The etymology of this name has been much debated because of its important link to Pictish. Nennius tells us that the wall started from a placed called "Cennil" by the (Gaelic) Scots and "Peneltun" in Old English. Bede gives the Old English as "Penneltun" and also mentions that it was called "Peanfahel" by the Picts and "Penguaul" in Welsh. This provides us with one of the very few known Pictish words together with either its apparent translation, or at least its reproduction in another languages.

These forms are similar as "Gu" is used in Welsh to represent "W", likewise, "V" in Latin to represent "W", and "F" in linguistically very close to "V" (being the voiced and voiceless forms of the labiodental fricative as in knife and knives). As such "gual", "vel", "fahel" and "wall" are all phonetically close enough that they can be variants of the same word written in different languages. So they could be either meaningless phonetically similar reproductions of the same word in different languages or meaningful translations in languages where the same word was phonetically similar.

The easiest to translate is the Welsh "Penguaul". "Pen" in Welsh is a common landscape prefix meaning "head" & Gwal in modern Welsh means wall. So it appears to mean "head of ..." or more likely: "end of the wall". Old English had the word "weall" which meant "wall" but interestingly the Old English is "Penneltun". So that the Welsh "Pen appears to be written "Penel" which has no meaning in Old English. Likewise Cennil has no easy translation in Gaelic. The Gaelic name has been explained by a tendency of Welsh "P" to be written in Gaelic as "K" or "C" so "Penel" -> "Cenel". Thus both the Old English "Penel" and Gaelic "Cennil" appear to be related and neither is obviously a translations in these languages. So they appear instead to be meaningless phonetic reproductions. This strongly suggest they derive from the Welsh or Pictish forms.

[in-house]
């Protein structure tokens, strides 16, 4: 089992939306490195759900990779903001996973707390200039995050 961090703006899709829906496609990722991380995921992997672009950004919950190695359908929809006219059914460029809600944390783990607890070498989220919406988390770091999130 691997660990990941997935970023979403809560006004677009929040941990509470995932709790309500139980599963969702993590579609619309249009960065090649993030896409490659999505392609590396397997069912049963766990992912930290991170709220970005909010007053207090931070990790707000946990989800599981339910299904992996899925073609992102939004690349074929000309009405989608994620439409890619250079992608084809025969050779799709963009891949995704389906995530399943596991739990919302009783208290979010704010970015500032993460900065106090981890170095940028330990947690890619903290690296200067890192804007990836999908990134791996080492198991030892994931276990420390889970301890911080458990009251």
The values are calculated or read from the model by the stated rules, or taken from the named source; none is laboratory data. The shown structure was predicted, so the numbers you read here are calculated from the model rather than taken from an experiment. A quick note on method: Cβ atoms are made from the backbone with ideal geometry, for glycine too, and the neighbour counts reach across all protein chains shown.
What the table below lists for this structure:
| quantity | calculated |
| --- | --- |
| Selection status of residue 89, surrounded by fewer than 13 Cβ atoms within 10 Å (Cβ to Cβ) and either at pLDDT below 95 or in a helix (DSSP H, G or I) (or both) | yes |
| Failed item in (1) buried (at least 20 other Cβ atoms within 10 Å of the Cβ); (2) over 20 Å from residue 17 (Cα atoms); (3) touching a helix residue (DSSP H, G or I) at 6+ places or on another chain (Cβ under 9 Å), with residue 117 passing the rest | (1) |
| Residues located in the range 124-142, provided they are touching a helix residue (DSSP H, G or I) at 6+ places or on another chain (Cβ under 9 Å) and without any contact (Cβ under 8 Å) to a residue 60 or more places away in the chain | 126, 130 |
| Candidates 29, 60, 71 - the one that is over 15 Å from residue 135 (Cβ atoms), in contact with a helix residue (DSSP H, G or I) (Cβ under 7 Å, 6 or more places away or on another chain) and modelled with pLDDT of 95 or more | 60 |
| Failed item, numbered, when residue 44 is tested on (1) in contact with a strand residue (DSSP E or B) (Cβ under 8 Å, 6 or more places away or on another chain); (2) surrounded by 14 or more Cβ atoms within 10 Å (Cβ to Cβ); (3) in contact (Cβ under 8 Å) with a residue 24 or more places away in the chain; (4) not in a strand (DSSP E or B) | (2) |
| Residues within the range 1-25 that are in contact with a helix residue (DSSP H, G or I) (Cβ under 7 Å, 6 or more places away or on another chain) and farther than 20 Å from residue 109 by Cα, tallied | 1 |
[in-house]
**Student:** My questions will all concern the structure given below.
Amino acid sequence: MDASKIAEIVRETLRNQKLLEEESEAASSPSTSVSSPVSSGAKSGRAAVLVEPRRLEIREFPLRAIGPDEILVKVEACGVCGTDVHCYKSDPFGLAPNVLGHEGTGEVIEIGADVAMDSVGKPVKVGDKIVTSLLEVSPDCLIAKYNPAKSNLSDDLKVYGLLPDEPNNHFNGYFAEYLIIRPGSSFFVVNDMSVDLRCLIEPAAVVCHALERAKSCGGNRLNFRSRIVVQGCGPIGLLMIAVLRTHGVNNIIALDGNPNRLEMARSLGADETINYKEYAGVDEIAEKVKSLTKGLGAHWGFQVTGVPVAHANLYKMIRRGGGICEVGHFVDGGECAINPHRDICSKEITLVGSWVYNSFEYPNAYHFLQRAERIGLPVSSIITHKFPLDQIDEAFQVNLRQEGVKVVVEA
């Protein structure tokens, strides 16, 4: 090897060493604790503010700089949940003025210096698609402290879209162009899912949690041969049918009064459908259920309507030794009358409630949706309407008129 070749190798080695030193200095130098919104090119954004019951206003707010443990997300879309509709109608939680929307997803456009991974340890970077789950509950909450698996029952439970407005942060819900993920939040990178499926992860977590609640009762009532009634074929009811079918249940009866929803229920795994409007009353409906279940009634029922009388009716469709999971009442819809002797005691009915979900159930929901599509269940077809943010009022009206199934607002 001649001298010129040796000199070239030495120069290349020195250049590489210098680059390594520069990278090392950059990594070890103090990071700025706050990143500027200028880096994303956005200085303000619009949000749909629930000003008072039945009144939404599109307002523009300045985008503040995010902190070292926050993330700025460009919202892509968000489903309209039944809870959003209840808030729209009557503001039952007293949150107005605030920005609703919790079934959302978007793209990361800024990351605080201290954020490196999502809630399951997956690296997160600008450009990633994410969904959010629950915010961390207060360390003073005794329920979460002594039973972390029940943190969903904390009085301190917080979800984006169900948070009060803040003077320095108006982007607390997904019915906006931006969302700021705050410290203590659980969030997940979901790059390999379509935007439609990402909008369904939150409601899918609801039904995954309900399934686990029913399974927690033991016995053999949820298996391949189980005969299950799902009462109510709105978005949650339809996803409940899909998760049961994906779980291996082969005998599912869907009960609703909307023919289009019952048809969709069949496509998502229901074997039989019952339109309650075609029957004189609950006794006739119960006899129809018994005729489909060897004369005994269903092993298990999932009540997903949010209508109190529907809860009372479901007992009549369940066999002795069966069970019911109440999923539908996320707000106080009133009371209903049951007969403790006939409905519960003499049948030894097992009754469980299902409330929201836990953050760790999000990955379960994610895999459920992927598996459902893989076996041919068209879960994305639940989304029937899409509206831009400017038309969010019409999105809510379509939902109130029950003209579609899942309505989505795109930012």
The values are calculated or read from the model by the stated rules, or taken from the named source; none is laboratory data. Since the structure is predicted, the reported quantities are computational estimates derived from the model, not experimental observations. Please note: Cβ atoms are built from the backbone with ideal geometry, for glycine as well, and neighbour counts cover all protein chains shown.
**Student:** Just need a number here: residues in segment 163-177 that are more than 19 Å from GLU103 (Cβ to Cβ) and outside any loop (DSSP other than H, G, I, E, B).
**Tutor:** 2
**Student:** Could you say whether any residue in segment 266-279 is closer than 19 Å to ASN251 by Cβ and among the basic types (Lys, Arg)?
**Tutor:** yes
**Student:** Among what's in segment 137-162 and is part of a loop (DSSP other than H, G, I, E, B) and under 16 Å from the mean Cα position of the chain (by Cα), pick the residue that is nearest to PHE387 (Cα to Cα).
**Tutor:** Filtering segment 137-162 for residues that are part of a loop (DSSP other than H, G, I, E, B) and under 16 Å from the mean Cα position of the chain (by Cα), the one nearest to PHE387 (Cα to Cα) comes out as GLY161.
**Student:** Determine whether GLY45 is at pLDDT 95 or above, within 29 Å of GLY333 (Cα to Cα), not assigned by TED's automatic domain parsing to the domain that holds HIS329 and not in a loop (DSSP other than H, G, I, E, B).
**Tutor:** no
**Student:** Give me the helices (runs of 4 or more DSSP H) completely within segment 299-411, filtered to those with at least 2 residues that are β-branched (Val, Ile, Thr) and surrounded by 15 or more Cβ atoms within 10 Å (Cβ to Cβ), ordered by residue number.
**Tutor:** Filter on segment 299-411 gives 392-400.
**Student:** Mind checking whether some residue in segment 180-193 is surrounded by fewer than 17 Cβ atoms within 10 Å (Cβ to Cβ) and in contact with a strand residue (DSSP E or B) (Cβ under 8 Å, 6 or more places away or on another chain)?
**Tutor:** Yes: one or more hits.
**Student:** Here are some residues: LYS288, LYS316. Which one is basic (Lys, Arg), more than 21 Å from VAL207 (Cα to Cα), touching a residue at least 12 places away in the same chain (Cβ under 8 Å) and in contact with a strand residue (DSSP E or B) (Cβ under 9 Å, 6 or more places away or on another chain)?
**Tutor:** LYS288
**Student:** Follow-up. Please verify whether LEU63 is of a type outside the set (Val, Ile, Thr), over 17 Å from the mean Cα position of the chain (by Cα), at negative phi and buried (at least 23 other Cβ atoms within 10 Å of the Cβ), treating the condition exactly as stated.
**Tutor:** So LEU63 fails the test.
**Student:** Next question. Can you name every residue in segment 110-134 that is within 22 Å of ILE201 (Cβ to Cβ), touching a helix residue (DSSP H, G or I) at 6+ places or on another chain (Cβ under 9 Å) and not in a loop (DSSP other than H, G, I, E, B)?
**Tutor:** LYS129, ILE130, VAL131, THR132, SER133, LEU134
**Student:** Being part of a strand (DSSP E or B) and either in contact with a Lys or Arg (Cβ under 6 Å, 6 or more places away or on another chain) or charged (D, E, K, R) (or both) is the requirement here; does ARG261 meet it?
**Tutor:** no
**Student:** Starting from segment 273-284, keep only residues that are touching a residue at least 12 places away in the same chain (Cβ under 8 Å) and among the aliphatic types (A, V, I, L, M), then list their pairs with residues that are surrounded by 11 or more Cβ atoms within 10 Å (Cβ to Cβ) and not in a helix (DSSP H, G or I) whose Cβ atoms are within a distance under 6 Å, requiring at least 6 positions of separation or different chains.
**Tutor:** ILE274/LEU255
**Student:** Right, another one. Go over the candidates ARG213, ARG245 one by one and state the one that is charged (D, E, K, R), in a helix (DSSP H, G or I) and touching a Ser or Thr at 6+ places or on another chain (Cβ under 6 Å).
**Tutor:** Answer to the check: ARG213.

As "h" is often silent, we can see that Pictish "fahel" is phonetically close to both Latin "Vel" and words like "Wall" & "Gwal", but we do not know enough Pictish to speculate about its meaning. However as Pictish prefix "pean" seems to be a form of Welsh prefix "Pen" it seems reasonable that Pictish "fahel" is also a form of Welsh "gwal" meaning wall. But linguistics does not help resolves whether the Pictish form came first or derives from the Welsh.

Note also the similarity to Latin VALLUM meaning rampart or ditch which also occurs in other European languages. Note also that VELUNION on Hadrian's wall and VOLITANIO on the Antonine Wall have very similar "V-L" forms. This strengthens the likelihood that whatever the language it originally came from, "vel" in Velunia is connected with the wall. Thus it is safe to conclude that the "Vel" in Velunia (or Veluniate) likely had a meaning derived from "Wall". However, as there is no evidence of a preceding wall, this implies the name came after the Roman occupation. So we cannot rule out the possibility that the word was made up in Latin or a language spoken by soldiers building the wall.